Hong Kong has proposed a new school curriculum packed with Science, Technology, Engineering and Mathematics (STEM) content – even though it lacks a working definition of STEM and its staff lack the skills to teach it.
A new report [PDF] from a task force given the job of reviewing the territory’s school curriculum makes a recommendation to “Strengthen STEM education in primary and secondary schools so as to develop students’ capacity to apply knowledge and skills acquired in different STEM-related subjects in an integrated and creative manner to solve daily problems.”
But the report also suggests a first step is to “state clearly the definition of STEM education as well as its aims and learning objectives for the primary and secondary levels for schools’ reference”.
It also calls for STEM to be smeared across the curriculum rather than taught as a discrete subject.
“STEM education is not to be implemented via co-curricular activities or as a separate subject but through co-ordination among related subjects, and planning for articulation in curricula and activities across the primary and secondary levels to cultivate a school climate conducive to students’ development of interest in and acquisition of the essential learning elements of STEM education,” the report says.
The document also suggests teaching coding, but suggest doing so will require “trimming the curriculum content of subjects where appropriate at the primary level”. Again, it’s not suggested what needs to go to fit in coding. The review also calls for more “whole-person development” content in the curriculum, again at the expense of something else. But doesn’t say what could usefully be removed.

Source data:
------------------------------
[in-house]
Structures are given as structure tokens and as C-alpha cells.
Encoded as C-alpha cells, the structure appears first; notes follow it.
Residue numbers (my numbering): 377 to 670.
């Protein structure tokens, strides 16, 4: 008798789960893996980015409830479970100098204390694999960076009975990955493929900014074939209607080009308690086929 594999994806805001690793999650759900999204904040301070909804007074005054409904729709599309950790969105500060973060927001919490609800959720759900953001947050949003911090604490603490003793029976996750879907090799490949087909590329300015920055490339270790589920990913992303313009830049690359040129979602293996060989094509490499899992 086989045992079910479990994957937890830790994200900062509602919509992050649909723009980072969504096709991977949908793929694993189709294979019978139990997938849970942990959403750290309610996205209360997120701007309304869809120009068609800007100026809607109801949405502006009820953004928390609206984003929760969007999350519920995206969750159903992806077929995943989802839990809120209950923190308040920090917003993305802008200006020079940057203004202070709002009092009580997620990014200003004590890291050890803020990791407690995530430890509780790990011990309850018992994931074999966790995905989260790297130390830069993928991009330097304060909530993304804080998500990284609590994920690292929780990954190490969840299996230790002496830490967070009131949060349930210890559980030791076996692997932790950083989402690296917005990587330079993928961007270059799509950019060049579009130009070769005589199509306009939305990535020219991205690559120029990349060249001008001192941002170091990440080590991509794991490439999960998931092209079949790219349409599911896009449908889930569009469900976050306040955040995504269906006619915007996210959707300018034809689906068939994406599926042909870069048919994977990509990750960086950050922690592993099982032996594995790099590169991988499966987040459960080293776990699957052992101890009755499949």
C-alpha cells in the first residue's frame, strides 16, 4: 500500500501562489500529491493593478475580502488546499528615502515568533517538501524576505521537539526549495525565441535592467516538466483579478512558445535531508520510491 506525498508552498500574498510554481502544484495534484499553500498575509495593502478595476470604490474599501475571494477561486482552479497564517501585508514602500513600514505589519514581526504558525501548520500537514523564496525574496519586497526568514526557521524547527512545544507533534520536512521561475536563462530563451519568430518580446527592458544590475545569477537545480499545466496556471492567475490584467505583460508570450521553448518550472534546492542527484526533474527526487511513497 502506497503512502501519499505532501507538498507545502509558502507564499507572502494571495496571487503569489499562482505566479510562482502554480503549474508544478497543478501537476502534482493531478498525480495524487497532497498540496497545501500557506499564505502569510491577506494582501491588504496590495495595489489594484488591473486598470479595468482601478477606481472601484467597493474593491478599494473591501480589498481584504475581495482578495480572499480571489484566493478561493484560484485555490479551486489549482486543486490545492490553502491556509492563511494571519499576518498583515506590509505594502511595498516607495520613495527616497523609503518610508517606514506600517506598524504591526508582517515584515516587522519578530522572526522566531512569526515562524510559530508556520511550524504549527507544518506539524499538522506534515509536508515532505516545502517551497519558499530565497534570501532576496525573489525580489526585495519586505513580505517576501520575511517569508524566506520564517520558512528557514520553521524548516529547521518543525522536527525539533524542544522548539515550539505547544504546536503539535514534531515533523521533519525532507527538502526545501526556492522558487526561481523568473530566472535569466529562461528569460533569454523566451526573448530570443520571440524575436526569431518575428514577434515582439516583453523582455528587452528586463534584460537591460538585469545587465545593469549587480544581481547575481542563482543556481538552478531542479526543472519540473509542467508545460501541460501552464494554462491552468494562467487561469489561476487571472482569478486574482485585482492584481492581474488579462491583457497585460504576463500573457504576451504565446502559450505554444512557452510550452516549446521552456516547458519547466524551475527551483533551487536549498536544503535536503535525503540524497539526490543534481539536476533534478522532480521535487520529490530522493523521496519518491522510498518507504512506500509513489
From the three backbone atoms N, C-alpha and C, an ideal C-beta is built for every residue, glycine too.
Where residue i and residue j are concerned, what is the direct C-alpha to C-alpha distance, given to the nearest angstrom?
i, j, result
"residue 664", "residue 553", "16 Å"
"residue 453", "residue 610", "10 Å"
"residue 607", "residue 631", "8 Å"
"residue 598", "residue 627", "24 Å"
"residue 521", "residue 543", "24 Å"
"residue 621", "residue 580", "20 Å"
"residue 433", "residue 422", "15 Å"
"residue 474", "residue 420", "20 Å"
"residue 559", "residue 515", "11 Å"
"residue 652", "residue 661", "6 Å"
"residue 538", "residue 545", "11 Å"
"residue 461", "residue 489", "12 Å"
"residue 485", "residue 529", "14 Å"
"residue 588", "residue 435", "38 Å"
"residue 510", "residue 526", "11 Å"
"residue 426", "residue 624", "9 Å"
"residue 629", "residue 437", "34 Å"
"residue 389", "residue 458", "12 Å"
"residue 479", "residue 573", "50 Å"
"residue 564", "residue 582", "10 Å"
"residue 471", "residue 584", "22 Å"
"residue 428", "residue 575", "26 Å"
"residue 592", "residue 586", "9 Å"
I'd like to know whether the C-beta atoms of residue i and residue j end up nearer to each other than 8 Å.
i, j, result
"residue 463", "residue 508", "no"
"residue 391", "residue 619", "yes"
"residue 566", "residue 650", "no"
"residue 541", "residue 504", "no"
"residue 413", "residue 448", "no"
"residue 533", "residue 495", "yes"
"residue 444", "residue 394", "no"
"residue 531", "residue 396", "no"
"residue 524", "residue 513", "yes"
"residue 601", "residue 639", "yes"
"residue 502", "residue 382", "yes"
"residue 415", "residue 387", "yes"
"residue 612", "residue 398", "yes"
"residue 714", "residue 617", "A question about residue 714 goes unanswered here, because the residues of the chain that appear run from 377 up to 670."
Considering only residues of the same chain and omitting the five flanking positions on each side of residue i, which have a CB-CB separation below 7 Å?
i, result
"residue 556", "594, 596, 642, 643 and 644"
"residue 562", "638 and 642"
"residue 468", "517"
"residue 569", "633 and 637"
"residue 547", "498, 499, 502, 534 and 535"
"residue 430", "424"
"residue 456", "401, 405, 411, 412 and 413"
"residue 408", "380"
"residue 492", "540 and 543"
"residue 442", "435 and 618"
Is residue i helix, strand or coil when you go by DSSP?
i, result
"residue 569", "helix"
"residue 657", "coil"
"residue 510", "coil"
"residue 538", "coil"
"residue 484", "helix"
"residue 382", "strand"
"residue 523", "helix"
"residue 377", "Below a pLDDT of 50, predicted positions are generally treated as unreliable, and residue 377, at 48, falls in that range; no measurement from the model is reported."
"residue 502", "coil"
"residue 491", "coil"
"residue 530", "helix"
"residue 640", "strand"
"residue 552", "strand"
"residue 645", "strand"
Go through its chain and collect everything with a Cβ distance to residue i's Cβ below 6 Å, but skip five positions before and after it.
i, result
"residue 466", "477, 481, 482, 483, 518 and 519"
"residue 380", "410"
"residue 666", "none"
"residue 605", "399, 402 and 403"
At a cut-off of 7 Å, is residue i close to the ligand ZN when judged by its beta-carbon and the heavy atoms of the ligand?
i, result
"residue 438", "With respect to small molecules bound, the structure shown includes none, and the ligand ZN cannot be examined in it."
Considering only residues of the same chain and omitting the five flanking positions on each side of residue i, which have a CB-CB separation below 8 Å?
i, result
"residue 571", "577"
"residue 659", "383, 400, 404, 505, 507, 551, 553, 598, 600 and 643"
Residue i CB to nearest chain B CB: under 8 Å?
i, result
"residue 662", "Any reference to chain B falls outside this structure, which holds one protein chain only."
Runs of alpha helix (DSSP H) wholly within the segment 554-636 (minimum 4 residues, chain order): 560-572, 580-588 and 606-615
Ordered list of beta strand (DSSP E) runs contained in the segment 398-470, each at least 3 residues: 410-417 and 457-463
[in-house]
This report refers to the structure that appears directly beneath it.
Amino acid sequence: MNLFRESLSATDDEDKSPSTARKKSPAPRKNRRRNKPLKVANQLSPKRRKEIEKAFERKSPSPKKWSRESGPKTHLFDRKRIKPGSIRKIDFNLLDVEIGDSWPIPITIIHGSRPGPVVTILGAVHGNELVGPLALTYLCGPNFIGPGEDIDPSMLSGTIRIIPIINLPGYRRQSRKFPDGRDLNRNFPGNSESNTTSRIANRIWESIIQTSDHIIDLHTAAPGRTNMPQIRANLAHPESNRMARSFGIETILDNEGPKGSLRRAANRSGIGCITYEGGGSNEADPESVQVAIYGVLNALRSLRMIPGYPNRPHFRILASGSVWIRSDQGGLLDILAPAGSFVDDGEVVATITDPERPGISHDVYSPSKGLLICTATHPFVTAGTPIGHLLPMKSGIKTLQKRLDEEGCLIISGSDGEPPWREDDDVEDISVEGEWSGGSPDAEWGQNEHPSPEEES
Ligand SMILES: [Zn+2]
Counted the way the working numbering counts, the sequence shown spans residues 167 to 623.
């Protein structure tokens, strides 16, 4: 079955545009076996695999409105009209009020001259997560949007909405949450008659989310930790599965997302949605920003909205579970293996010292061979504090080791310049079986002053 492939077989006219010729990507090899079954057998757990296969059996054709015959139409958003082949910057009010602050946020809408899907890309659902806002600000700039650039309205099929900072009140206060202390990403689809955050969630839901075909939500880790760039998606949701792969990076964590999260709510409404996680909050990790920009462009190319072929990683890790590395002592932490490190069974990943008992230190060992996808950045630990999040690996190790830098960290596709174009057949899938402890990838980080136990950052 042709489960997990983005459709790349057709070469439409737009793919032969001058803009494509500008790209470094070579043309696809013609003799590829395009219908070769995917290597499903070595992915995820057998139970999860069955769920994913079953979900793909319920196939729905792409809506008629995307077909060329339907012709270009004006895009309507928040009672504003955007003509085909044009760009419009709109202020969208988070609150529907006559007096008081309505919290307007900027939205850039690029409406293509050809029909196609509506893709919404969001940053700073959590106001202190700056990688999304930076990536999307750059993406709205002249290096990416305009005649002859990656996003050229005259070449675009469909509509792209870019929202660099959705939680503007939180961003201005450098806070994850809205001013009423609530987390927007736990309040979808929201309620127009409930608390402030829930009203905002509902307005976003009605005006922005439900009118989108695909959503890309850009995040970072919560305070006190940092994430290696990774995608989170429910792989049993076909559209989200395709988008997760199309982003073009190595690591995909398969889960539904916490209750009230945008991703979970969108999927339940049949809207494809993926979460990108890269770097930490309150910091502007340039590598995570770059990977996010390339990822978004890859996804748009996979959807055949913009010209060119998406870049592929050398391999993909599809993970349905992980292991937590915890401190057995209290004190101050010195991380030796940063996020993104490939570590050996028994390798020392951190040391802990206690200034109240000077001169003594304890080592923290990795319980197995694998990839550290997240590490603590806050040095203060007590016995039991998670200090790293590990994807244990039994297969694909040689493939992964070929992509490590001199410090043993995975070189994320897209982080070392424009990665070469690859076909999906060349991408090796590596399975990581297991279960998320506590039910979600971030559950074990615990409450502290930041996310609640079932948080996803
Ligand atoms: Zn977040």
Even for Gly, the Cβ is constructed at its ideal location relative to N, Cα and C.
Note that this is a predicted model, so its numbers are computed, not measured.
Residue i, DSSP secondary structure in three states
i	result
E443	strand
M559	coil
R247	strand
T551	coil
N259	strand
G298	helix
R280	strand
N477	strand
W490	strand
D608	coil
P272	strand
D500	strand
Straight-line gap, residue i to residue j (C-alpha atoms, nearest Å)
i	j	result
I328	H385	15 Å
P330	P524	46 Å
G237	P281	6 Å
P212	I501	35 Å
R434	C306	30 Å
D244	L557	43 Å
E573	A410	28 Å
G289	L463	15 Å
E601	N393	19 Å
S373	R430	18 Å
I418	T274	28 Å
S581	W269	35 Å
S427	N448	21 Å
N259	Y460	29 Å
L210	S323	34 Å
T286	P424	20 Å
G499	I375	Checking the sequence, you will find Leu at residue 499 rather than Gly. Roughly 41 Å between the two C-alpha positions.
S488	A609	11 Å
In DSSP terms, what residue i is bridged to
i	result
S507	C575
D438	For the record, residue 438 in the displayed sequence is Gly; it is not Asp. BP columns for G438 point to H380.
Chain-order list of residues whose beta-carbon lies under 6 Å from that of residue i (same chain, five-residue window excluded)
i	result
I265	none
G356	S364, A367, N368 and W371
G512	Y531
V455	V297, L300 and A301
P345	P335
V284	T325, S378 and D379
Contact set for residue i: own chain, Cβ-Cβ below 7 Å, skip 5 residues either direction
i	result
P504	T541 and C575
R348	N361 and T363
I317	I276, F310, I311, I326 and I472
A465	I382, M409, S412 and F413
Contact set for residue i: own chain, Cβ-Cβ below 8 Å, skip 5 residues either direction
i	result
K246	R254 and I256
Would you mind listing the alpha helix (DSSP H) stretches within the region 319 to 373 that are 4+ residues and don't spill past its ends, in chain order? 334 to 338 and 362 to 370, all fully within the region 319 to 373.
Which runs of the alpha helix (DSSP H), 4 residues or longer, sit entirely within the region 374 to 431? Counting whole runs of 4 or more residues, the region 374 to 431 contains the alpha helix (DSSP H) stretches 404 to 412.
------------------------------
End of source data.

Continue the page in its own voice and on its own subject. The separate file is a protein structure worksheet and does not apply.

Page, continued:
Also in the review: an admission that teachers will need more training to teach STEM and understand how to weave it into the curriculum. It also explains that links to tertiary education are a good idea to ensure that STEM-infused kids learn skills that will be helpful later in their educations.
The document may be depressingly familiar to some readers, as many nations have come to the same conclusion that teaching coding and smearing tech across the school curriculum is just what’s needed to create the white-hot services-based economies of the future. And the same nations still mostly complain of skills shortages too.
The review commenced in 2017 and its document is now off for review by the territory's government. Rapid change seems unlikely. ®